While the pandemic continues to affect communities globally, scientists are continuing to work on containing other infectious diseases. With fall quickly approaching, the flu is a major concern for vulnerable populations — each year, seasonal influenza infects three to five million people, killing anywhere from 200,000–600,000 of them.
At the Univ. at Buffalo (UB) and McMaster Univ., researchers have developed an experimental flu vaccine that consists of tiny, spherical sacs filled with flu-fighting proteins. In preclinical studies, the novel vaccine took less time to produce than standard flu vaccines, and it was effective in smaller doses. According to the researchers, it is also more efficacious than standard seasonal flu vaccines, which typically prevent infection in 40–60% of exposures.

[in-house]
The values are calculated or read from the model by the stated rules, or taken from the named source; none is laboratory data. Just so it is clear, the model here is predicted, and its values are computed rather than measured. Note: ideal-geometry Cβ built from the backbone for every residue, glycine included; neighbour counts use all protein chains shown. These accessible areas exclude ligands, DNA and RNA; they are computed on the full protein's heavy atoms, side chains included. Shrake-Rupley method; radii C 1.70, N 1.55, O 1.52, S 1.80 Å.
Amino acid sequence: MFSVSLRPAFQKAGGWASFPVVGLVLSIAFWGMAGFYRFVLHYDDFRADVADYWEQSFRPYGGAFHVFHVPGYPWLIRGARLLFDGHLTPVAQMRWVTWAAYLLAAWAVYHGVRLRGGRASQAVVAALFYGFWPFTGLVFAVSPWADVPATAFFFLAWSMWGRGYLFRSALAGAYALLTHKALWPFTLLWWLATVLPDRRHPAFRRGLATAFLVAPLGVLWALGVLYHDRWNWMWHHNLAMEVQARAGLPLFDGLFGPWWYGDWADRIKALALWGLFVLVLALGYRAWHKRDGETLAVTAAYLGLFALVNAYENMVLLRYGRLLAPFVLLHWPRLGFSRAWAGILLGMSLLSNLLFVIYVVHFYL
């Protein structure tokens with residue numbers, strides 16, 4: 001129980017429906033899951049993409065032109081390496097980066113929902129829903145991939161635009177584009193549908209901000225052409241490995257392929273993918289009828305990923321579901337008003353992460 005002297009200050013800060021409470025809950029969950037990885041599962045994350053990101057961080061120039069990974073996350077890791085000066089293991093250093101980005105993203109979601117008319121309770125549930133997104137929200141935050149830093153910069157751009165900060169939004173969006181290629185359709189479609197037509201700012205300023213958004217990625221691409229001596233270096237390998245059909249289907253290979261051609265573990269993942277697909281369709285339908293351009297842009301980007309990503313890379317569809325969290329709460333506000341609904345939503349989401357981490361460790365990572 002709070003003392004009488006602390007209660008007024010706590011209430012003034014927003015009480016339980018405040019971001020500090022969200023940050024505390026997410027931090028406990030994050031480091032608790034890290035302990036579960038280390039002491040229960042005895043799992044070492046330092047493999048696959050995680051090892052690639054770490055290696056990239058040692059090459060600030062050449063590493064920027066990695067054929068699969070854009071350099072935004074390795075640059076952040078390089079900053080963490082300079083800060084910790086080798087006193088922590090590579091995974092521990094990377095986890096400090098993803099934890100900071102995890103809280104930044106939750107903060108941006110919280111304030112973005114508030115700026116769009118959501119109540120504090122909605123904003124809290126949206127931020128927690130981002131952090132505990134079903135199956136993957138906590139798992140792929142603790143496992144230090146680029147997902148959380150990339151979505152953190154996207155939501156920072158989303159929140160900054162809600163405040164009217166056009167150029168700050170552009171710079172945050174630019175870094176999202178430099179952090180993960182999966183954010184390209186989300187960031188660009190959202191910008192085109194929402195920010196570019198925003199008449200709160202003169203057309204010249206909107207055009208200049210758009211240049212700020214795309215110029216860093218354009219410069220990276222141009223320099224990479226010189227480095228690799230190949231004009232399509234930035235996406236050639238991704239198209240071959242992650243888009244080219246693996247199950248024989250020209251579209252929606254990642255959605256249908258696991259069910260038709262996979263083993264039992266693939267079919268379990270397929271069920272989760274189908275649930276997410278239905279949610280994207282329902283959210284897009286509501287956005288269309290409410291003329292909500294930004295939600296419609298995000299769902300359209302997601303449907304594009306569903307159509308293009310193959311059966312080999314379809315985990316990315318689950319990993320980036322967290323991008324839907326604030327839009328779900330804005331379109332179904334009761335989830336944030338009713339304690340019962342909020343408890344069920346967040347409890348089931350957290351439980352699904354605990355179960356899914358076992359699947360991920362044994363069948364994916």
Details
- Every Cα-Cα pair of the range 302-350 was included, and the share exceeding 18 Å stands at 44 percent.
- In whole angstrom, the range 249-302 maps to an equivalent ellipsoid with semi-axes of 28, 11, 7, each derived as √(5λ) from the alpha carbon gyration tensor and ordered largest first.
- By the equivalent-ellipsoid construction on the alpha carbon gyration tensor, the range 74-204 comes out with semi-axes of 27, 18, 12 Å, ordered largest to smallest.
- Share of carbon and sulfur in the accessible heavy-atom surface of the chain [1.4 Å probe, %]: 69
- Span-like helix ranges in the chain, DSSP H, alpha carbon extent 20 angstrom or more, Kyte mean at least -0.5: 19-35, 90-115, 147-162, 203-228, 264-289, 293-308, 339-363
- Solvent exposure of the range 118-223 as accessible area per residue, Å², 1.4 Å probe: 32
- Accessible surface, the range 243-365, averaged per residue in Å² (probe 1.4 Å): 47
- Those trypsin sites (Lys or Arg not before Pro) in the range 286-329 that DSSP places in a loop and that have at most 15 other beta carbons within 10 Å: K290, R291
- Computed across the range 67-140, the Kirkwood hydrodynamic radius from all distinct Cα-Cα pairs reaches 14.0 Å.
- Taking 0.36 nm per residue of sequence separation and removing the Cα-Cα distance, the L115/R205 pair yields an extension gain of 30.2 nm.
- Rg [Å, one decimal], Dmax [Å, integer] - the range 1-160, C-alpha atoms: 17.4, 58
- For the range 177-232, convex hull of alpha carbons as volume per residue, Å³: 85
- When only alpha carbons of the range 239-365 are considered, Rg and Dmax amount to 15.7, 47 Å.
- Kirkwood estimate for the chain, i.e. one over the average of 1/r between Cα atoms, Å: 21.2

To produce standard flu vaccines, scientists predict which virus strains will be prevalent in the upcoming season. These viruses are injected into fertilized chicken eggs, where they replicate. The fluid containing the viruses is harvested from the eggs, and the viruses are killed or inactivated and purified for human inoculation. The inactivated viruses provoke an immune response in the vaccine recipient, conferring immunity from future infection...
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